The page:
For films to garner a cult following, it has to be by accident. That’s the whole point. If you take Tommy Wiseau’s The Room, or even Showgirls – terrible films that aren’t supposed to be terrible are the films we affectionately respond to most, which is why they still sell out packed special screenings across the world. But for Brian Taylor’s Mom and Dad, it’s vying too knowingly for cult status, through supposedly sharp one-liners, to Nic Cage smashing a pool table to pieces, it’s too contrived in its bid to be considered on cult status terms, in in turn, is anything but.
Taylor, who wrote the piece too, has presented a violent, twisted satire that takes our biggest form of safety n this world; our parents – and turns them into our greatest, most vicious adversary. The premise is simple, there’s a mass hysteria of unknown origins that has caused all parents across the world to turn on their own offspring, and try desperately to terminate them. Sounds kinda fun – and that’s because it is. At times. But it’s just an idea, nothing more, nothing less. Naturally when parents decide they want to shoot and kill their very own children, it leaves the viewer with many questions as to why this could have occurred, and yet any such queries are left unanswered, for it appears that Taylor doesn’t actually know himself.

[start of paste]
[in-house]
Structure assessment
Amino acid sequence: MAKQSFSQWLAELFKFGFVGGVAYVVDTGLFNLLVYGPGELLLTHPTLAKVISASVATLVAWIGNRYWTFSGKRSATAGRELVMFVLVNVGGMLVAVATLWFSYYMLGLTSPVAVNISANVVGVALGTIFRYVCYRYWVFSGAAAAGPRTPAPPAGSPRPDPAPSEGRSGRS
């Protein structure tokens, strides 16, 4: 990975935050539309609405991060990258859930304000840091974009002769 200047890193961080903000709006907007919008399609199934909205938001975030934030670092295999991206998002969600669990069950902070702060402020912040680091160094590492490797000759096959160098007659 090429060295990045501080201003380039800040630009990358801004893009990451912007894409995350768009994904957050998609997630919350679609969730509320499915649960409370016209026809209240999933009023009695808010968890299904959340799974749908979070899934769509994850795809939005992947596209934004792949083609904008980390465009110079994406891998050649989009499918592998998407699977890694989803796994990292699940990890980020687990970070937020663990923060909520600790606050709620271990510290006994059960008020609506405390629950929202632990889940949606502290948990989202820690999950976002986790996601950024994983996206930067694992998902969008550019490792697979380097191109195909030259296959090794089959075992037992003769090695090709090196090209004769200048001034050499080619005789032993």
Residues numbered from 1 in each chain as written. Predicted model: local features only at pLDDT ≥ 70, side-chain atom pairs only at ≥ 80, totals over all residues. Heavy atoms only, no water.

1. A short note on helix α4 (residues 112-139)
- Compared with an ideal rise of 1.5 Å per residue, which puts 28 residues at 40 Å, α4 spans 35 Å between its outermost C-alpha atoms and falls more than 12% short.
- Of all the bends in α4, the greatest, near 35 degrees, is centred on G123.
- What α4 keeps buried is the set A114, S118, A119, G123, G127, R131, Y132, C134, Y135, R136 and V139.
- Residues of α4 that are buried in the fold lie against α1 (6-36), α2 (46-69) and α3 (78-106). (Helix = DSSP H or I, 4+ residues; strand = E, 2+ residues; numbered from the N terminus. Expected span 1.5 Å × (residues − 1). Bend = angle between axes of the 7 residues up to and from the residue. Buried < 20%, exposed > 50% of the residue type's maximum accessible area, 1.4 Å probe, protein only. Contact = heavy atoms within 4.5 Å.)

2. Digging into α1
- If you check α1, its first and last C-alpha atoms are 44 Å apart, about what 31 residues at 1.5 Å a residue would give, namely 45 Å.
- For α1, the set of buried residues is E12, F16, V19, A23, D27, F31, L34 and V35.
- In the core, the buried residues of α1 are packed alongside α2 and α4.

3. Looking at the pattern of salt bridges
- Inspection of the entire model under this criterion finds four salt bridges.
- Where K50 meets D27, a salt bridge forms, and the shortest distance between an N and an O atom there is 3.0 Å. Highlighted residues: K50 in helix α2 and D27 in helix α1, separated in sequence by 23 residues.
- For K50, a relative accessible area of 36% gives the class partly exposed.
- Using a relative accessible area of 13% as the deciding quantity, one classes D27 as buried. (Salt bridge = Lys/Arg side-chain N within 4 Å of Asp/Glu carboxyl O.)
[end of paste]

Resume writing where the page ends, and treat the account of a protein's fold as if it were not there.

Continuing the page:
There is no sense of finality here, it’s a potentially funny idea, but doesn’t have an intellectual means of closure, a way to tie up loose ends, to explain exactly what it is we’ve just witnessed. He thought up a good narrative for a movie, but forgot that he might have to actually end the thing at some point. Nicolas Cage is the ideal casting for this role, of that there is no doubt – he plays unhinged with a distinct sense of conviction and volatility, the ability to appear vacant behind the eyes, as if nothing he will do could affect him. And there’s not really anything quite as scary as immunity in a fellow man.
Yet saying that it’s somewhat obvious, we’ve seen him play roles of this nature before, and it detracts from the film’s sense of unique identity, when it just feels like one of the many b-movies where Nic Cage goes mental. On the plus side, he is actually quite good in the film, and his wife, played by Selma Blair, matches her co-star at every turn, with a distinctly nuanced turn, which is particularly impressive given the nature of the film she’s starring in, providing humanity in a movie otherwise entirely bereft of it. But let’s face it, Mom and Dad isn’t a movie you go and see for great performances, it’s the story that is fascinating, and regrettably, it’s the story that is the most frustrating aspect of them all.